(Adds official comments, context)
By Michelle Chen
HONG KONG, Aug 27 (Reuters) – Shenzhen is studying a plan to
connect its stock exchange with Hong Kong’s stock market,
similar to the scheme planned for Shanghai, and hopes it can be
launched as soon as possible, a government official said on
“The Shenzhen government has raised this suggestion to the
China Securities Regulatory Commission and the CSRC’s opinion is
that we can do some research on the Shenzhen-Hong Kong stock
connect plan,” Xiao Zhijia, deputy director-general of
Shenzhen’s Office of Financial Development Services, told
Reuters by telephone.
The plan will then need to be discussed with Hong Kong’s
stock exchange and the city’s regulators following which China’s
regulators will then decide when to launch a similar scheme
between Shenzhen and Hong Kong, he said.
He declined to give a specific time frame for the launch
saying it depended on the success of the Hong Kong-Shanghai
“It is quite flexible and the power of decision is in the
CSRC’s hands,” he said.
The Shenzhen stock exchange, a rival to Shanghai’s market,
looks to emulate the Nasdaq in the United States by focusing on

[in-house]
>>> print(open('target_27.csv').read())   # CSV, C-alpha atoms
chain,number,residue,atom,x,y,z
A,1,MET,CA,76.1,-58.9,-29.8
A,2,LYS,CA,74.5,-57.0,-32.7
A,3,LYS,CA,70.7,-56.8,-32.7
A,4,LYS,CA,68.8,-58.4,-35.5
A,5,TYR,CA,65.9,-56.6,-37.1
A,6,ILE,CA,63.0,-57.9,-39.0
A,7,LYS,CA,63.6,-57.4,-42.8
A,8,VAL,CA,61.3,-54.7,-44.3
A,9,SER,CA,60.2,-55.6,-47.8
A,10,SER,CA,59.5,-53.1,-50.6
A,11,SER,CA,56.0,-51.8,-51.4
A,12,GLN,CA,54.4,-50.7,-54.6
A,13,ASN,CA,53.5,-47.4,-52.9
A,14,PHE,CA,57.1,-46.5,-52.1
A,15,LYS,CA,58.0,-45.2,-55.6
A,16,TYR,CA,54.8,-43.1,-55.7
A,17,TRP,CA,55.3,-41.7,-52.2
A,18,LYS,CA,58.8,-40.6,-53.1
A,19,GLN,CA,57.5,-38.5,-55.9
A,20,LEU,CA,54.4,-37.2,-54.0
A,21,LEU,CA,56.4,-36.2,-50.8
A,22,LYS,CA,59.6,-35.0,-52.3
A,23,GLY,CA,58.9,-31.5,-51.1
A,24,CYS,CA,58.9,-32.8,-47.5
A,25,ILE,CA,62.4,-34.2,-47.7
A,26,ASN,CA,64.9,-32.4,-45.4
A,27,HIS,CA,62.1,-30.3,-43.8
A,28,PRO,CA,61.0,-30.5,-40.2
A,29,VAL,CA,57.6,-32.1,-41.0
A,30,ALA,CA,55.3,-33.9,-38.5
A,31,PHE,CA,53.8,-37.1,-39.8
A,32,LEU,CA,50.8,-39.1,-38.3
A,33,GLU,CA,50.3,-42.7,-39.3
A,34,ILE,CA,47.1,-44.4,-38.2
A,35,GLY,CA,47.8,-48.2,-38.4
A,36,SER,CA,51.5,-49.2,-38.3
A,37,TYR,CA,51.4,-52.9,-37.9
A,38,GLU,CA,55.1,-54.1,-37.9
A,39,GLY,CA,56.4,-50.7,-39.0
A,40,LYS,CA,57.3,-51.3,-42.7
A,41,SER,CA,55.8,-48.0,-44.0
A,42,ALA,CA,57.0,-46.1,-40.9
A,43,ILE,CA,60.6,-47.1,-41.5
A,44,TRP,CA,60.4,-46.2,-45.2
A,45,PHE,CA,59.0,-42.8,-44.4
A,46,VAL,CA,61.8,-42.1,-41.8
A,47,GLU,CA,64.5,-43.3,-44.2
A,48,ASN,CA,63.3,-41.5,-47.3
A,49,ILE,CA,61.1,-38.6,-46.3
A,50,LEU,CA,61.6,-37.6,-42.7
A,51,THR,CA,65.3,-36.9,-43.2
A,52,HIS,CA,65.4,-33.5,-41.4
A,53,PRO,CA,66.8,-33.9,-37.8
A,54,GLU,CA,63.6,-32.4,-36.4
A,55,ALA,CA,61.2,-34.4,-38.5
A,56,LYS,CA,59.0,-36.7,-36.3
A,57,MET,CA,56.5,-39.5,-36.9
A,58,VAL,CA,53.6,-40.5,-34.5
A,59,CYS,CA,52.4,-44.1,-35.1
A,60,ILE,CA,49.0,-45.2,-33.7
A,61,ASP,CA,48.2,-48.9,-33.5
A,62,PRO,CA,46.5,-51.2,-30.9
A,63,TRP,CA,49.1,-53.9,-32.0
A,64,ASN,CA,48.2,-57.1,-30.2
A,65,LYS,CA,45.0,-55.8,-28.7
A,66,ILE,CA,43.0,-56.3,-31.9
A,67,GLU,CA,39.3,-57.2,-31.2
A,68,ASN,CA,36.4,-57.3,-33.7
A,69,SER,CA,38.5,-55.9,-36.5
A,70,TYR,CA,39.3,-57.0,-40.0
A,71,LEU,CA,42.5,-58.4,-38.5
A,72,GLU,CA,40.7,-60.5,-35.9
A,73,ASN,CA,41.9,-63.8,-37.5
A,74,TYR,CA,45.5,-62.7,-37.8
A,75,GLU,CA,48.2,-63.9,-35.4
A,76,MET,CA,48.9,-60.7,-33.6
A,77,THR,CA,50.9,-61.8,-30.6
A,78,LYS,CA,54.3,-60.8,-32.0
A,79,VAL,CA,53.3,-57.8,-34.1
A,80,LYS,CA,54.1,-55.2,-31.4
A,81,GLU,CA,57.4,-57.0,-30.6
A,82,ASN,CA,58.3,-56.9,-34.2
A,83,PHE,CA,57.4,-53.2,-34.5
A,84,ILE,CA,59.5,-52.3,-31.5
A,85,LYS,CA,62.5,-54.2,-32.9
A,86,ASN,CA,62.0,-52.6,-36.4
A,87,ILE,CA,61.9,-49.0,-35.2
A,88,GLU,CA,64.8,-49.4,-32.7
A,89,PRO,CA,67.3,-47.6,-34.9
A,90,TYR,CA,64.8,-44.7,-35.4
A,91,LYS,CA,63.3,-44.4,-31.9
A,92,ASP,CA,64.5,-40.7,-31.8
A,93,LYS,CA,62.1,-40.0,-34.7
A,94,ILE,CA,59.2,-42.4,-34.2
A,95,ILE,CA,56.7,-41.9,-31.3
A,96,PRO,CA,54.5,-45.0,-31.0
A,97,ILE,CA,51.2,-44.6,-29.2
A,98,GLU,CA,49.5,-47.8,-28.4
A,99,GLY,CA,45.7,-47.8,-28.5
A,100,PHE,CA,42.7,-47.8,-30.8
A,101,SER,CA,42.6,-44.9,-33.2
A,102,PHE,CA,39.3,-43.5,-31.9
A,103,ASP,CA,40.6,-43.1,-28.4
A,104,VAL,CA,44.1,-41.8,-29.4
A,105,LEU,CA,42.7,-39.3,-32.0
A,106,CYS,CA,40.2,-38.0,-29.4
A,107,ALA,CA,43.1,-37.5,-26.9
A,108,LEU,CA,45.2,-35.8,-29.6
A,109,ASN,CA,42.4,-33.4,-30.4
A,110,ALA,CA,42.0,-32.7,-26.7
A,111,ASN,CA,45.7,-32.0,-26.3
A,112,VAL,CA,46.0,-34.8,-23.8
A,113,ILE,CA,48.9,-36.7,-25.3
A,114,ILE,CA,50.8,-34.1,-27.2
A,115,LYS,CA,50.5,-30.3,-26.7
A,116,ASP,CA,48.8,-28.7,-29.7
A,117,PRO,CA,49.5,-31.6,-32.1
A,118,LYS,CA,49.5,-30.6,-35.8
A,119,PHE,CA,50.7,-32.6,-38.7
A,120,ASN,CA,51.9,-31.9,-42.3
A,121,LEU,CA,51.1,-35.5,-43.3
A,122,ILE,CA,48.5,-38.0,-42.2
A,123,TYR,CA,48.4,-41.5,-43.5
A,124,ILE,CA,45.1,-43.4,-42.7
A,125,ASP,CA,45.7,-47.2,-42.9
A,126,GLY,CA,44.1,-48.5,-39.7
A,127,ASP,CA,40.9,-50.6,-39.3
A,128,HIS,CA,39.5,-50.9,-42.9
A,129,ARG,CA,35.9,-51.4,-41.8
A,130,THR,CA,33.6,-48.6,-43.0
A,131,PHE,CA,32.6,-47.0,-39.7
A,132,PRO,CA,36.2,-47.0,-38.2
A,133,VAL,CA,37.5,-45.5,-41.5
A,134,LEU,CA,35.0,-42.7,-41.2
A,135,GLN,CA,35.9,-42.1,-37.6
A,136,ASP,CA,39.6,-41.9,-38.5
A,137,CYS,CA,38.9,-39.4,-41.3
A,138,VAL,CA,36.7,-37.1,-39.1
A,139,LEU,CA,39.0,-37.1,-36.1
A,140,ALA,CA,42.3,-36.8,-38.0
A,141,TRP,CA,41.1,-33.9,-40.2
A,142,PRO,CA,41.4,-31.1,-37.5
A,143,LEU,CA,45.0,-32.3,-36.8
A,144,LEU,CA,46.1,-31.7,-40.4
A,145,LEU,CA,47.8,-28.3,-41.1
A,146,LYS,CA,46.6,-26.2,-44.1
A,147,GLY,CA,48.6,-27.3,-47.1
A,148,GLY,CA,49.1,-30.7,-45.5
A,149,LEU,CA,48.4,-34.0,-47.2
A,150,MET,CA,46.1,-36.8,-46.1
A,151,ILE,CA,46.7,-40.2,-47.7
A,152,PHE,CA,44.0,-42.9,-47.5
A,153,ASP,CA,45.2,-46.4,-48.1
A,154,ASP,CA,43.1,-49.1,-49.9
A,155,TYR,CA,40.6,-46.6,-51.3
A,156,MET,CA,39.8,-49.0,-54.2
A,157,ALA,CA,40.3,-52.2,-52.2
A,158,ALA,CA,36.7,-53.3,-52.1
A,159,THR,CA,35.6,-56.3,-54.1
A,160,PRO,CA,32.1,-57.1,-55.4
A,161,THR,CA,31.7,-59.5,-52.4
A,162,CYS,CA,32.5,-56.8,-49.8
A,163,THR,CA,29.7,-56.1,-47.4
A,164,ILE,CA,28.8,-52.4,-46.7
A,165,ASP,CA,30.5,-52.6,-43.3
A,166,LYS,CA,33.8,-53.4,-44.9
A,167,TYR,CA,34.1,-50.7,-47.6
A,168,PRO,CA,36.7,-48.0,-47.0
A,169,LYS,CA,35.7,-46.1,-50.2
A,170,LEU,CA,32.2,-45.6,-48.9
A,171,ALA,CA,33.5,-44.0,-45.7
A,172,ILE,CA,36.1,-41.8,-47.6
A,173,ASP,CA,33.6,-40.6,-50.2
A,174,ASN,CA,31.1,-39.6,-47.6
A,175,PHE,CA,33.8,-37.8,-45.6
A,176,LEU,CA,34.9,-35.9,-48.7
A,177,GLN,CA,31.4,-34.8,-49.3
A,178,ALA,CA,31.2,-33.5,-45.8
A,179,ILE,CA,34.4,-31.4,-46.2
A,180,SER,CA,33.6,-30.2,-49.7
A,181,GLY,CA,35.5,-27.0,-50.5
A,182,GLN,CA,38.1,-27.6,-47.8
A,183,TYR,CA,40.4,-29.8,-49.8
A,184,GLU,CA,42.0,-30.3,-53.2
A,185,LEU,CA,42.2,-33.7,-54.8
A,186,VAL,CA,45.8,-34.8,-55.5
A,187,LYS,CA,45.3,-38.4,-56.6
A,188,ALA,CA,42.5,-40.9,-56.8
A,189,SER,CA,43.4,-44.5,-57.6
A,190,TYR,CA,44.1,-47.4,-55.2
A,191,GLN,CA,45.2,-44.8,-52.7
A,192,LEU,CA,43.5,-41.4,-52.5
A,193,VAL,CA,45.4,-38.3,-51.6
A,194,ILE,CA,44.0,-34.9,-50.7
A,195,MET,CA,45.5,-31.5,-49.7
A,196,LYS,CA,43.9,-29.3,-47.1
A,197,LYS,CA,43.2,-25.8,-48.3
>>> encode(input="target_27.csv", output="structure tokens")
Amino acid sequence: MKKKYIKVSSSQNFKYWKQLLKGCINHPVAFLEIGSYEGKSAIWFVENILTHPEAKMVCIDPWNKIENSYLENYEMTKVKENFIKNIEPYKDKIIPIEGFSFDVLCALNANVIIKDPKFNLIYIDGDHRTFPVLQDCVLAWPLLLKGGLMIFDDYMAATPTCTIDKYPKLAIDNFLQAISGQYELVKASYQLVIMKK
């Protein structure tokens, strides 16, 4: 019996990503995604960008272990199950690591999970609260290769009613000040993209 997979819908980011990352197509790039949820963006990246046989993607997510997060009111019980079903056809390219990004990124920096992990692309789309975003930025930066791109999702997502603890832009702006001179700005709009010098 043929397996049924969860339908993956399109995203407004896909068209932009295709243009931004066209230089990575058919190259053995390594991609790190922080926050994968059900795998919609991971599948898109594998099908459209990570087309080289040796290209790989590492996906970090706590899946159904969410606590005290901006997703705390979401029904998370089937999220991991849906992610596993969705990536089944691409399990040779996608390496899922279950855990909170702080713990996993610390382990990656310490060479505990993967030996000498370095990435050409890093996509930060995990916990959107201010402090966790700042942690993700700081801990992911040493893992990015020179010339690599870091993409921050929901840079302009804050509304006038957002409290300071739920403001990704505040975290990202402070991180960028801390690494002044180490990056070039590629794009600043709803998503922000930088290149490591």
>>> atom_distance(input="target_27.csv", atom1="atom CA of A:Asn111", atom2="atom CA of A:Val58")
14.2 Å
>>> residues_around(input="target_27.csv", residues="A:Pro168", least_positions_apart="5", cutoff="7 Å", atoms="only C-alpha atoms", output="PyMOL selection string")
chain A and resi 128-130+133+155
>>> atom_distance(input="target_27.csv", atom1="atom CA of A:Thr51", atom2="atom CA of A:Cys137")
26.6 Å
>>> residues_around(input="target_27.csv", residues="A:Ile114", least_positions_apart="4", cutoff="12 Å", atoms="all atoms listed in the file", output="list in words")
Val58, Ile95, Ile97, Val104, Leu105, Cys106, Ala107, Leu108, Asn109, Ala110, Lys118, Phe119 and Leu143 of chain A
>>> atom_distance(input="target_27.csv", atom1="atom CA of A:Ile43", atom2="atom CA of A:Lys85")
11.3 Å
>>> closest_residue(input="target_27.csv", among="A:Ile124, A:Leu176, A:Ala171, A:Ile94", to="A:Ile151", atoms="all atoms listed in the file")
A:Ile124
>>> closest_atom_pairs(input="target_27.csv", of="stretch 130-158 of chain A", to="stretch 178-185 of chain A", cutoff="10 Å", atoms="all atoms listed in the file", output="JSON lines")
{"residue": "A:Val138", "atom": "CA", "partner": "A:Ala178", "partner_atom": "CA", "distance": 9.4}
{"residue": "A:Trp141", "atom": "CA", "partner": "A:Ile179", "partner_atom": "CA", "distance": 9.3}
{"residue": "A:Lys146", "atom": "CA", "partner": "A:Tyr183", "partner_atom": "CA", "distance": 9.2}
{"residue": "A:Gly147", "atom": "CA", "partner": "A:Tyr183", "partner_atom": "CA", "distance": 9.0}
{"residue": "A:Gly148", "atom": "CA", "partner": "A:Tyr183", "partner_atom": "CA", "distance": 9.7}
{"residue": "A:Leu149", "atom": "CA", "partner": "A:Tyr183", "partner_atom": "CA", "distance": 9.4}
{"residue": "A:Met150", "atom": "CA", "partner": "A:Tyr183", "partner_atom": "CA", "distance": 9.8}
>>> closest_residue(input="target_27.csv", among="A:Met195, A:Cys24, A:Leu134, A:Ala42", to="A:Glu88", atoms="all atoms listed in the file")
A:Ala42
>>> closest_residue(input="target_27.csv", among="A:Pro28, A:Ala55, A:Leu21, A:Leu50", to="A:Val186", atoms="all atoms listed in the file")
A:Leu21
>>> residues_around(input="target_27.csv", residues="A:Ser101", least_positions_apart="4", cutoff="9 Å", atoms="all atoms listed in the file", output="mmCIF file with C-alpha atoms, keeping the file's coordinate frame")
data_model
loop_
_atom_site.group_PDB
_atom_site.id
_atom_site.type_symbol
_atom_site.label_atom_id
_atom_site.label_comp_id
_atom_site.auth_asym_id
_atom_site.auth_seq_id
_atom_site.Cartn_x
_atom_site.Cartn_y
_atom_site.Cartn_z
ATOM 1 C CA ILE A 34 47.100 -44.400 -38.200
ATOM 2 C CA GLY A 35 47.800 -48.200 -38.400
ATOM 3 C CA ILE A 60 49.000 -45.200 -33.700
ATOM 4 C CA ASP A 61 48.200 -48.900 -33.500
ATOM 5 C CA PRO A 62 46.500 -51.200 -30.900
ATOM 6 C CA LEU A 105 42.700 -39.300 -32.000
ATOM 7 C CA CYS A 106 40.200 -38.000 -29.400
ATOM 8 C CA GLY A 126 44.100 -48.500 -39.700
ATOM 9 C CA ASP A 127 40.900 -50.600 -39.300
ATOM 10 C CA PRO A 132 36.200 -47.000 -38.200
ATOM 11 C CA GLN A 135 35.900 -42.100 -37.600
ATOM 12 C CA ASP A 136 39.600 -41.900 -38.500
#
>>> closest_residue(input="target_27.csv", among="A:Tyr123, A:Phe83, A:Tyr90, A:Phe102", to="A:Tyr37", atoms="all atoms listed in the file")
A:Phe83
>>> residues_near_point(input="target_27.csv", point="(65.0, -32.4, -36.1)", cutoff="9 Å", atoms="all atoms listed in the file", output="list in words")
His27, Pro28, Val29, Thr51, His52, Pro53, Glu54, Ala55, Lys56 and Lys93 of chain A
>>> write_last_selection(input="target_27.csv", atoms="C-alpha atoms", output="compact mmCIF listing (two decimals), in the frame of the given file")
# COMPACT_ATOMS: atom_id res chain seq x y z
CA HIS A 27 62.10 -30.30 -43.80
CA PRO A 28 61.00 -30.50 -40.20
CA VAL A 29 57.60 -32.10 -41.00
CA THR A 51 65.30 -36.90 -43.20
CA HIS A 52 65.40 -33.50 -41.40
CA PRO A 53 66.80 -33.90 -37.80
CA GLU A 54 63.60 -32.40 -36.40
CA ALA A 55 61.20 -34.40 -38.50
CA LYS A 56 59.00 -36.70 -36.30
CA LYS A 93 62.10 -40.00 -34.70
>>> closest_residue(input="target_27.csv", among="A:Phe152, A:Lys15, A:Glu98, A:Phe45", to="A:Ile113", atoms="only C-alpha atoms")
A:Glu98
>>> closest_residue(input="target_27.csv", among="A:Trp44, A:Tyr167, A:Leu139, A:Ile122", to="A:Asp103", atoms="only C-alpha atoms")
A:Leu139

companies in their early growth stages. It also has some
big-name listings, including China Vanke, the
country’s biggest residential property developer.
Shenzhen stocks, in particular those on the ChiNext
board, have consistently outperformed the Shanghai
Exchange which has concentrated on listing large-cap blue chip
firms in recent years.
A foreign fund manager, speaking on condition of anonymity,
said that he believed foreign investors would be far more
enthusiastic about investing in Shenzhen companies, which tend
to feature more technology and consumer names.
These stocks represent the future of China’s economy rather
than the blue-chip banks, insurers, and other state-owned giants
that dominate Shanghai’s index, according to some investors.
Authorities expect the landmark stock-connect programme
between Shanghai and Hong Kong – another step in China’s efforts
to open up its markets – will launch in October. Regulators and
market participants are racing to test mechanisms to ensure
While China investors anticipate a wave of institutional
money will flow into the mainland’s relatively undervalued
markets, Hong Kong stock punters are hoping Chinese money will
boost trading volumes and lift stocks.
The Shanghai Composite Index rose to eight-month highs last
week, and Hong Kong’s Hang Seng Index reached a more than
six-year high this week as investors hailed the latest
development as a catalyst for further market gains.
A Shenzhen-Hong Kong connection hinges on the success of the
Shanghai-Hong Kong link, an analyst told Reuters, who expected
such a scheme to be launched in the first quarter of 2015 at the
(Additional reporting by Grace Li and Saikat Chatterjee in HONG
KONG and Pete Sweeney in BEIJING; Editing by Richard Borsuk and
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